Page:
Two men have been hanging around Mach’ railway station for a few weeks. For a while, no one knew who they were, or what they were doing. I think I now have the story.
As part of the Covid-19 arrangements extra portakabins were brought in for the staff. Hired from a company called W H Welfare, part of the Kelling Group of Normanton, in West Yorkshire, a few miles south east of Leeds.
The two mystery men are security guards who came with the portakabins. The problem being that the portakabins are inside the compound, behind the security gate, and the portakabin guards do have not have clearance to enter the compound. So they’re stuck outside, and to look useful, or just to while away the time, they seem to turn up to meet the trains.
But Machynlleth ain’t Grand Central Station. So that doesn’t give them much to do.
Now these two security men must be staying locally, which means that their wages and accommodation will be included in the portakabin hire charge.
The incompetence doesn’t end there. The portakabins run on a generator – a petrol generator. There is no petrol on site except in the workers’ cars. Everything else is diesel.
Am I making this up? No. Am I drunk? How dare you!
So, we have two men at a small Welsh railway station, doing sod all, but costing a lot of money. Because of course it’s all being paid for by Transport for Wales. Which means the ‘Welsh Government’. Which means you and me.
It’s reasonable to assume that Machynlleth isn’t the only station or depot for which these portakabins were hired. Plus of course the security men. So how much money is being squandered in this way?
And come to that, is there nowhere in Wales where portakabins could have been sourced? And sourced cheaper? I’m sure there is. Which means that in addition to the incompetence we have the issue of a ‘Welsh Government’ agency sending money out of Wales.
It looks as if someone in Transport for Wales has made a massive cock-up. Or is someone getting a backhander from a firm in West Yorkshire?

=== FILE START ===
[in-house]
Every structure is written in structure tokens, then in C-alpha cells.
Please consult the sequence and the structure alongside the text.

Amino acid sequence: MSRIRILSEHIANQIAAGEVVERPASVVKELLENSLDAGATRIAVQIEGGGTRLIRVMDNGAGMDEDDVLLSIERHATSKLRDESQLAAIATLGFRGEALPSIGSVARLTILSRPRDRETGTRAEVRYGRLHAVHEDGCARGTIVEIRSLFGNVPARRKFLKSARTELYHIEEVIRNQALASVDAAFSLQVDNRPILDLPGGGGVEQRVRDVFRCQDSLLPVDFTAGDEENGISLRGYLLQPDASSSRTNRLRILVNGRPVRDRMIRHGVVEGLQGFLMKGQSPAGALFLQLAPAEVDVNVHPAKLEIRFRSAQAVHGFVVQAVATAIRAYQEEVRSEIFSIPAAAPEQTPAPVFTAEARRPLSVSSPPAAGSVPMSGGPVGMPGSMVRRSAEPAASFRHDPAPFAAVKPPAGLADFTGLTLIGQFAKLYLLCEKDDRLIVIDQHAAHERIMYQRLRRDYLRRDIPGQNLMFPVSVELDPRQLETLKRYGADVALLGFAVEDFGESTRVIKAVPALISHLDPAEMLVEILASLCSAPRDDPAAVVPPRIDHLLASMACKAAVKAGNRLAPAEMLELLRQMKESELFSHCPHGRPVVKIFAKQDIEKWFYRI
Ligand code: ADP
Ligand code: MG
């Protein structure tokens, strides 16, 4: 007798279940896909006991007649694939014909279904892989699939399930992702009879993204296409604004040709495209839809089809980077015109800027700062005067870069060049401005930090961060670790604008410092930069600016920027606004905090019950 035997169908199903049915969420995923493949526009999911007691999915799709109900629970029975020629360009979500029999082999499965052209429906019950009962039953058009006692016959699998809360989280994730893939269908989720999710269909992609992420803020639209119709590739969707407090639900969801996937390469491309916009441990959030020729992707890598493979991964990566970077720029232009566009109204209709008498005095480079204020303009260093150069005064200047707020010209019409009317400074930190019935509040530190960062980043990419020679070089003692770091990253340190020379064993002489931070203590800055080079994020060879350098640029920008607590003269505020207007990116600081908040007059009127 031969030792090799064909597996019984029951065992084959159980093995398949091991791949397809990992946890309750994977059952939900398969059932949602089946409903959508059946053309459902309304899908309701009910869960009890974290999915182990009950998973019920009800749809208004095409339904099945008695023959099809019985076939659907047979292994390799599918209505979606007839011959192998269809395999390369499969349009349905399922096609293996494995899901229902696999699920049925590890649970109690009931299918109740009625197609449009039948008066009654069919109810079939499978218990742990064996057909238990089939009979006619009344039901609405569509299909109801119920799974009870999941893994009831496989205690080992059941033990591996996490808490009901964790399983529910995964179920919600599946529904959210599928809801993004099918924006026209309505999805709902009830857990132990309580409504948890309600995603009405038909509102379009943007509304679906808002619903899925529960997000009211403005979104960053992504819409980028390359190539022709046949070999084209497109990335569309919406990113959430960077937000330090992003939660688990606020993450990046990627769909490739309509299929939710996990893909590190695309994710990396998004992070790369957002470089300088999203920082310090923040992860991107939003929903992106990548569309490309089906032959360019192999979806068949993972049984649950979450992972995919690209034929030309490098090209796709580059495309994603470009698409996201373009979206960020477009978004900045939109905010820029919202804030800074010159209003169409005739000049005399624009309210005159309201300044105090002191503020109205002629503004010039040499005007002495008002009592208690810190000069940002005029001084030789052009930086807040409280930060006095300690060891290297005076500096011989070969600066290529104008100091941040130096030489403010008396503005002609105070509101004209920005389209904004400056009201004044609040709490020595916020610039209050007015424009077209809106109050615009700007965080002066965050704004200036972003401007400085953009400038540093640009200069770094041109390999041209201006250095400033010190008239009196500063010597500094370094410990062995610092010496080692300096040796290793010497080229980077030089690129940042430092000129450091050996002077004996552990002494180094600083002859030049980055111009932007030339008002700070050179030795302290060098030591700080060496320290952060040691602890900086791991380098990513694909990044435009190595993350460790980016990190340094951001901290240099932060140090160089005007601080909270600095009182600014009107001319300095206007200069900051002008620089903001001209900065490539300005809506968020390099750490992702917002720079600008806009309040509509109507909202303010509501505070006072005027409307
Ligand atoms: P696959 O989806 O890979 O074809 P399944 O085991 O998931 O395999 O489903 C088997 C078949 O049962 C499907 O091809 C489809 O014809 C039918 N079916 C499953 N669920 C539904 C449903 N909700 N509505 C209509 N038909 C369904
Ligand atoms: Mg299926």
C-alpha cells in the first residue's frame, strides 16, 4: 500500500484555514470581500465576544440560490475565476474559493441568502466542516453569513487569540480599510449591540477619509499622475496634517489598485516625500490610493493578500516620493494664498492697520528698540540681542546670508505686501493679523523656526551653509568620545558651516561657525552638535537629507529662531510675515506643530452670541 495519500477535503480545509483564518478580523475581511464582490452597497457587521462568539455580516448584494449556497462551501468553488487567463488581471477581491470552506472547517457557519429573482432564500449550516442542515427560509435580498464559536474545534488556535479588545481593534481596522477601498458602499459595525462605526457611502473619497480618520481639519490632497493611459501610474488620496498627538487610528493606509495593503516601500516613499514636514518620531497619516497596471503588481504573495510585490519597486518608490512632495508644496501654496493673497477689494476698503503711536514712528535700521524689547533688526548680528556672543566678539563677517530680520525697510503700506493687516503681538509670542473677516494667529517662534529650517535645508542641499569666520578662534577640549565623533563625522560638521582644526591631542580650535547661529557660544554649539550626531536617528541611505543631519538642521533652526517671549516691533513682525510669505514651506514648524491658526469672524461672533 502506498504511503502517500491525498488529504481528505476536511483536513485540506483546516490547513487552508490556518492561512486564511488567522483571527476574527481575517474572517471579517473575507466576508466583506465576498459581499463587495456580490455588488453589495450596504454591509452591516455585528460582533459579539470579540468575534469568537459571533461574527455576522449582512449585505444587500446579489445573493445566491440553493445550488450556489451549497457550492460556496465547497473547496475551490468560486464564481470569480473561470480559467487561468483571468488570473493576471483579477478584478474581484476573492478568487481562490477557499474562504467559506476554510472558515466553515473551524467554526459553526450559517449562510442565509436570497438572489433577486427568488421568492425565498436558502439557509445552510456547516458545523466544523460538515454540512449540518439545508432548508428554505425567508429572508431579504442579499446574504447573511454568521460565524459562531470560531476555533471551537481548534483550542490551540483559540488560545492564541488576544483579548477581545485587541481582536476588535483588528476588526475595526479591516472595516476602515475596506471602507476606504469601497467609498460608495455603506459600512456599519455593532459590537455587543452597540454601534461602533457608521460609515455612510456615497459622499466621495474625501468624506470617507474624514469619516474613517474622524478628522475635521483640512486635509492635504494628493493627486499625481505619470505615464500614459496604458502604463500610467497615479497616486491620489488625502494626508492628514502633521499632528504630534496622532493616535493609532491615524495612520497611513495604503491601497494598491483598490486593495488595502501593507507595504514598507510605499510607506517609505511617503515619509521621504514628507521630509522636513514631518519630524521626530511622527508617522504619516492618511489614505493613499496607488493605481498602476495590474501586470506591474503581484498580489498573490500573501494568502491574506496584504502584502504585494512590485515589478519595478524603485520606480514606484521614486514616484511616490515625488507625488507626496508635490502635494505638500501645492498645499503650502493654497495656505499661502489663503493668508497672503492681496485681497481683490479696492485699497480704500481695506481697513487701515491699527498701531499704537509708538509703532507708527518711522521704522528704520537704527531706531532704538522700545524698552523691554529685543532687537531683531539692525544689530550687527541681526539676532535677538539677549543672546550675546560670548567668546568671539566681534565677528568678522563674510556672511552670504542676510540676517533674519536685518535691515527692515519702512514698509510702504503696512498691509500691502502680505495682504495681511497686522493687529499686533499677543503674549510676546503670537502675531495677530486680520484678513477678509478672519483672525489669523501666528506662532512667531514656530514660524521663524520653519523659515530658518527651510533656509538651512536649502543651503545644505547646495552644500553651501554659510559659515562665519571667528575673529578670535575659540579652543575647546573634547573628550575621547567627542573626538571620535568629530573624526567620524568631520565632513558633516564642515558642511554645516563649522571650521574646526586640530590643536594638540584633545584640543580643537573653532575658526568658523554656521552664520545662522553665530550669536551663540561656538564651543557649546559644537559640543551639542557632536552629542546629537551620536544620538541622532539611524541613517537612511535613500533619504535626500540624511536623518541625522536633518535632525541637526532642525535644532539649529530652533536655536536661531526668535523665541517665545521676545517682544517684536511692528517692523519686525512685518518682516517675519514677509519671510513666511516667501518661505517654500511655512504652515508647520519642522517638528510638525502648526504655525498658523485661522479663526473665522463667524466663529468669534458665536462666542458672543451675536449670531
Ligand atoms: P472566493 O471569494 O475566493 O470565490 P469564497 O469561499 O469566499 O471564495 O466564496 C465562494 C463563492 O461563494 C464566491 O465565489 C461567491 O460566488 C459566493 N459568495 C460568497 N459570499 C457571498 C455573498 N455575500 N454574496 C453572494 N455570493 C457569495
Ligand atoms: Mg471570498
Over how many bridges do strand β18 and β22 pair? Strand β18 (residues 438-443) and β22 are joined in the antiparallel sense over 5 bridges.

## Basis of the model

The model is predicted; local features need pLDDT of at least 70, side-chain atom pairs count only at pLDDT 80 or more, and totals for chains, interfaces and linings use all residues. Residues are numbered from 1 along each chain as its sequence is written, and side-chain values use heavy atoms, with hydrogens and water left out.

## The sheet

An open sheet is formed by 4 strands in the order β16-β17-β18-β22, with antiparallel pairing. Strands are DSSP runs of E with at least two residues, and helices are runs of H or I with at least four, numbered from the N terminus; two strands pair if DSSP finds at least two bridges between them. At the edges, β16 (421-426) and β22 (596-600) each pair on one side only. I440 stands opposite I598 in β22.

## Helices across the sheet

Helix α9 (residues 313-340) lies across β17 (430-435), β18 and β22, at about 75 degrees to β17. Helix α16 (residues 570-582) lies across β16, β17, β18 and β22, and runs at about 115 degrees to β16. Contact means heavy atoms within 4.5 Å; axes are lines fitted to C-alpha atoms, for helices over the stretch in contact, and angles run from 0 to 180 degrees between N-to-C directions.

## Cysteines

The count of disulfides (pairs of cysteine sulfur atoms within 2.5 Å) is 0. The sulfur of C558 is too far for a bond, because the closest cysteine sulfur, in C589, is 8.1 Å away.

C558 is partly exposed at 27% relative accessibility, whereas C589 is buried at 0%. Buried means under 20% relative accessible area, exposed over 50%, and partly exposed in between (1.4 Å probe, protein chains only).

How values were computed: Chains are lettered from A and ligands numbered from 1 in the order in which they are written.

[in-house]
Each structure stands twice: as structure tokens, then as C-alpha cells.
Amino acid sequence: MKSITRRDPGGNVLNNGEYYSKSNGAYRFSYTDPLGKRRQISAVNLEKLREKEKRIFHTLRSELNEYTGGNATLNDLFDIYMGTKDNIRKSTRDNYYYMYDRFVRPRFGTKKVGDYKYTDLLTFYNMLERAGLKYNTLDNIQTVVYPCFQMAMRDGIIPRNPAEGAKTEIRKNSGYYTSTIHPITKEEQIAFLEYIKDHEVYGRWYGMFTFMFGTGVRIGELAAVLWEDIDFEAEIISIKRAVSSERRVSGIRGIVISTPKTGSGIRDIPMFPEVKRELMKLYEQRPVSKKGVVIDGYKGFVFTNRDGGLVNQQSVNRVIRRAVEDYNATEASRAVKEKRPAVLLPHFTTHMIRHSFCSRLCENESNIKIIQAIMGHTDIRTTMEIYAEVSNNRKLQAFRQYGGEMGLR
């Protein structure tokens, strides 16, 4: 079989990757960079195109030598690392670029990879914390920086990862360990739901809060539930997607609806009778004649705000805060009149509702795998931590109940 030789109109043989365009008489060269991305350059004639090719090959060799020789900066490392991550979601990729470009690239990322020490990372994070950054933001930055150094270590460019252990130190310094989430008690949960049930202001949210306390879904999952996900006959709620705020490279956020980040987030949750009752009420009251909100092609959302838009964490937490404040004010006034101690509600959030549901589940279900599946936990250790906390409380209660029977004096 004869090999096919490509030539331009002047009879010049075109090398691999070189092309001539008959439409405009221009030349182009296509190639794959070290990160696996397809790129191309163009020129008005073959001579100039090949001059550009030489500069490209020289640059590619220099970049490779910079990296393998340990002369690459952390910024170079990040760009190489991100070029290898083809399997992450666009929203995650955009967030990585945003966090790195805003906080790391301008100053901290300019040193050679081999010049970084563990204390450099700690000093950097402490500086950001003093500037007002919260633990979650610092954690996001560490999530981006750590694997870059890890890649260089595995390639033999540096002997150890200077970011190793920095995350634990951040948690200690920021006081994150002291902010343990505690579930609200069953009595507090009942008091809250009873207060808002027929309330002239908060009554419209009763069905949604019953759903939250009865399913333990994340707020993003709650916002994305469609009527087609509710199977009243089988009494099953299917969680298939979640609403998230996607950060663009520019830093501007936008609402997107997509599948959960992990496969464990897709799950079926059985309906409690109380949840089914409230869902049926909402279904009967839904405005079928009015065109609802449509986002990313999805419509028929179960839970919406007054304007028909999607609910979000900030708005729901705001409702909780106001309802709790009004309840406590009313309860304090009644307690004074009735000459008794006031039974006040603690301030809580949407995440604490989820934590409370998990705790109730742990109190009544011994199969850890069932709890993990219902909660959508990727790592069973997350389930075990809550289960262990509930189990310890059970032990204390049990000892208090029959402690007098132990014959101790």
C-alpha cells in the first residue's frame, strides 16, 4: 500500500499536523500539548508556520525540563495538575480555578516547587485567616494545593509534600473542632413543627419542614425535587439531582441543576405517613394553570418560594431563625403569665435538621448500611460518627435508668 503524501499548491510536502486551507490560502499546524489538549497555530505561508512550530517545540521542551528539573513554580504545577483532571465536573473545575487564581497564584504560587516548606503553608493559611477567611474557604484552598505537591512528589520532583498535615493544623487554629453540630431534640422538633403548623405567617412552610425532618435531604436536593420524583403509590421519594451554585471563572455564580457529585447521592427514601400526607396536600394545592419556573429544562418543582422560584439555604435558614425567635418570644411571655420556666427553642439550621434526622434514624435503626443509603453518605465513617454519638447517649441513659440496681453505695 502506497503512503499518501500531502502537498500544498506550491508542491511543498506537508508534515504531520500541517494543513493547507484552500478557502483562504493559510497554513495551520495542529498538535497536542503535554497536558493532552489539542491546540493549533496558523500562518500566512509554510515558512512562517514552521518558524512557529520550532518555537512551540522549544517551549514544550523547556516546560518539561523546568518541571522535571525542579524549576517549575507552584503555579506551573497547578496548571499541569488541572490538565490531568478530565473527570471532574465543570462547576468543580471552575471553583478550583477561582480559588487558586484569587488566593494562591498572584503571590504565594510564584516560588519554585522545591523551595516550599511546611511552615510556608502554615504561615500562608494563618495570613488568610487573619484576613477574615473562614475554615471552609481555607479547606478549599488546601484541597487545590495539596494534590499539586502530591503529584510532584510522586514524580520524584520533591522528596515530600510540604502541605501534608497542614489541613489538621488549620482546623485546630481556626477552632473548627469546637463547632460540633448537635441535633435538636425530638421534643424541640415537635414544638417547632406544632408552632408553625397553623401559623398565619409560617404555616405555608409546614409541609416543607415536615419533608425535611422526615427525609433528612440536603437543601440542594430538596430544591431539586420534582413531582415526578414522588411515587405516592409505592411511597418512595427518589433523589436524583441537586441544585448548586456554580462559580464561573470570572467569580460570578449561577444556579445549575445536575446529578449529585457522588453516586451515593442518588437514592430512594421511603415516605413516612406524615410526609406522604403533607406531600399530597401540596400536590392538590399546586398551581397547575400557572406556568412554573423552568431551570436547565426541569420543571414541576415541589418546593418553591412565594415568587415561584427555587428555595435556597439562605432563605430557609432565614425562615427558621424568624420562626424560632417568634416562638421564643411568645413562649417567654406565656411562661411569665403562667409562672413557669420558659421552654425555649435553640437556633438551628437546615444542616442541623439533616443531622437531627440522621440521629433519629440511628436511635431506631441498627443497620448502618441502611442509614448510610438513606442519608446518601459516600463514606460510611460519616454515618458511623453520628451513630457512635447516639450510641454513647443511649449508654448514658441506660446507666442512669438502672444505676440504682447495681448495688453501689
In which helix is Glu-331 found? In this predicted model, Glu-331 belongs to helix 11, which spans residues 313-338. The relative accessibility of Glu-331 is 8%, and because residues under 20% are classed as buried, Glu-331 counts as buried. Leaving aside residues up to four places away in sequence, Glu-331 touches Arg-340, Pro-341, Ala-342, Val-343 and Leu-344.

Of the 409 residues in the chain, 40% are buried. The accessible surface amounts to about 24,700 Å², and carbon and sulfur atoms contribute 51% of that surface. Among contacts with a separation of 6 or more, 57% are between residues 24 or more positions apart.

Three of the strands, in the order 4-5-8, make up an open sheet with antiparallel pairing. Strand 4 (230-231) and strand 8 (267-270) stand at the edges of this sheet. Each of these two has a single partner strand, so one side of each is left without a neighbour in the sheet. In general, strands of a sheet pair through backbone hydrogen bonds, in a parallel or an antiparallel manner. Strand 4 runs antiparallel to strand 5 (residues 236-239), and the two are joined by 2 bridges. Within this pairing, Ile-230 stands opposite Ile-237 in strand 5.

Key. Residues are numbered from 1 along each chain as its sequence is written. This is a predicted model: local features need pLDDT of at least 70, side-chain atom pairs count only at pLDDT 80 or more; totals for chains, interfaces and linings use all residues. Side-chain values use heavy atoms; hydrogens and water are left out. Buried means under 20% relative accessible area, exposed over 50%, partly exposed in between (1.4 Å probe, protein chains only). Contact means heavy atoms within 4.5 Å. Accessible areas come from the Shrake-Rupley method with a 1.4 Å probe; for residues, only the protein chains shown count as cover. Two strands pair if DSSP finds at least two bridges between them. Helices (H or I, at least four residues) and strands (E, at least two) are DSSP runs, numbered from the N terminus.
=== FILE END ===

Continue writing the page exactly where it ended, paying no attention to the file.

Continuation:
Last month I brought you the tale of yet another foreign-owned windfarm being dumped on Wales with the enthusiastic support of the planet-savers in the ‘Welsh Government’ and Plaid Cymru.
You’ll find it here, just scroll down to the section, “Another ‘Community-owned, local benefits’ wind farm. Not”.
As I wrote in that earlier piece, “this particular project is a joint English-Irish venture. From Ireland we have state-owned ESB, while from England (possibly Scotland) we have Coriolis Energy Ltd.”
It’s difficult to figure out why ESB needs Coriolis. Maybe it’s to fulfil a similar role to that of Invis Energy of County Cork, which has been working on Meenbog wind farm, on the Donegal-Tyrone border.
Where there was recently a massive slippage of peat into the Mourne Beg river, part of the Foyle system. Just watch the trees go sailing by in the video!
The lesson here is that erecting bloody big wind turbines, each one sunk into thousands of tons of concrete, will have consequences when such idiocy is encouraged in sensitive environments.
Such as Irish peat bogs, and Welsh hillsides from which thousands upon thousands of rain-absorbing trees have been cut, and from which acres of equally absorbent peat has been removed.
Another worry for those living close to the proposed development on Mynydd Margam is that the planned turbines will be 750 tall. As any child playing with blocks will tell you, the higher you try to build it, the more difficult it gets to keep it standing.
Which is why I was not surprised to learn from a regular correspondent in northern Sweden – who took time off from herding his reindeer – that a 755 foot turbine in his neck of the woods had recently come crashing down. Here’s a report from ABC News.
I believe a re-think is needed. Not just on this development on Margam Mountain but on all onshore wind developments in Wales. Because . . .
No permanent jobs have resulted from the dozens of wind farms desecrating our countryside.
No manufacturing has been encouraged by the ‘Welsh Government’ so that we can build the turbines here – they’ve all been imported.
First by smoky ships, and then by huge, diesel-powered trucks and trailers, before trees are felled and peat removed to accommodate them in concrete bases the size of football pitches. Making a nonsense of wind turbines’ claimed green credentials.
In fact, before a blade turns, each wind turbine will have caused more damage to the environment than it can make up for in its short and fitful life.
No Welsh companies have emerged to run or own wind turbines other than tiny, ‘hippy’ enterprises reliant on public largesse.
No skills base has been developed that Wales could benefit from and export.
And it’s increasingly likely that wind turbines contribute to flooding.
The ‘progressive’ parties have allowed – even encouraged – Wales to be exploited and cheated in this way just so that they could look virtuous to a certain lobby.
When it comes to serving England’s interests, things in Wales are not a lot different in the 21st century to earlier times. Just disguised by the gloss of devolution, and bullshit about ‘Wales saving the planet’.
But it’s the same old exploitation.
Where would a roundup like this be without a trip to Bryn Llys or, more specifically, Caernarfon magistrates court.
The latest of the Duggan gang to appear has been Jon Duggan himself, on November 16. His large dogs got out – again! – and attacked neighbours’ poultry. But of course, in the parallel universe inhabited by these clowns, it was probably the chickens’ fault.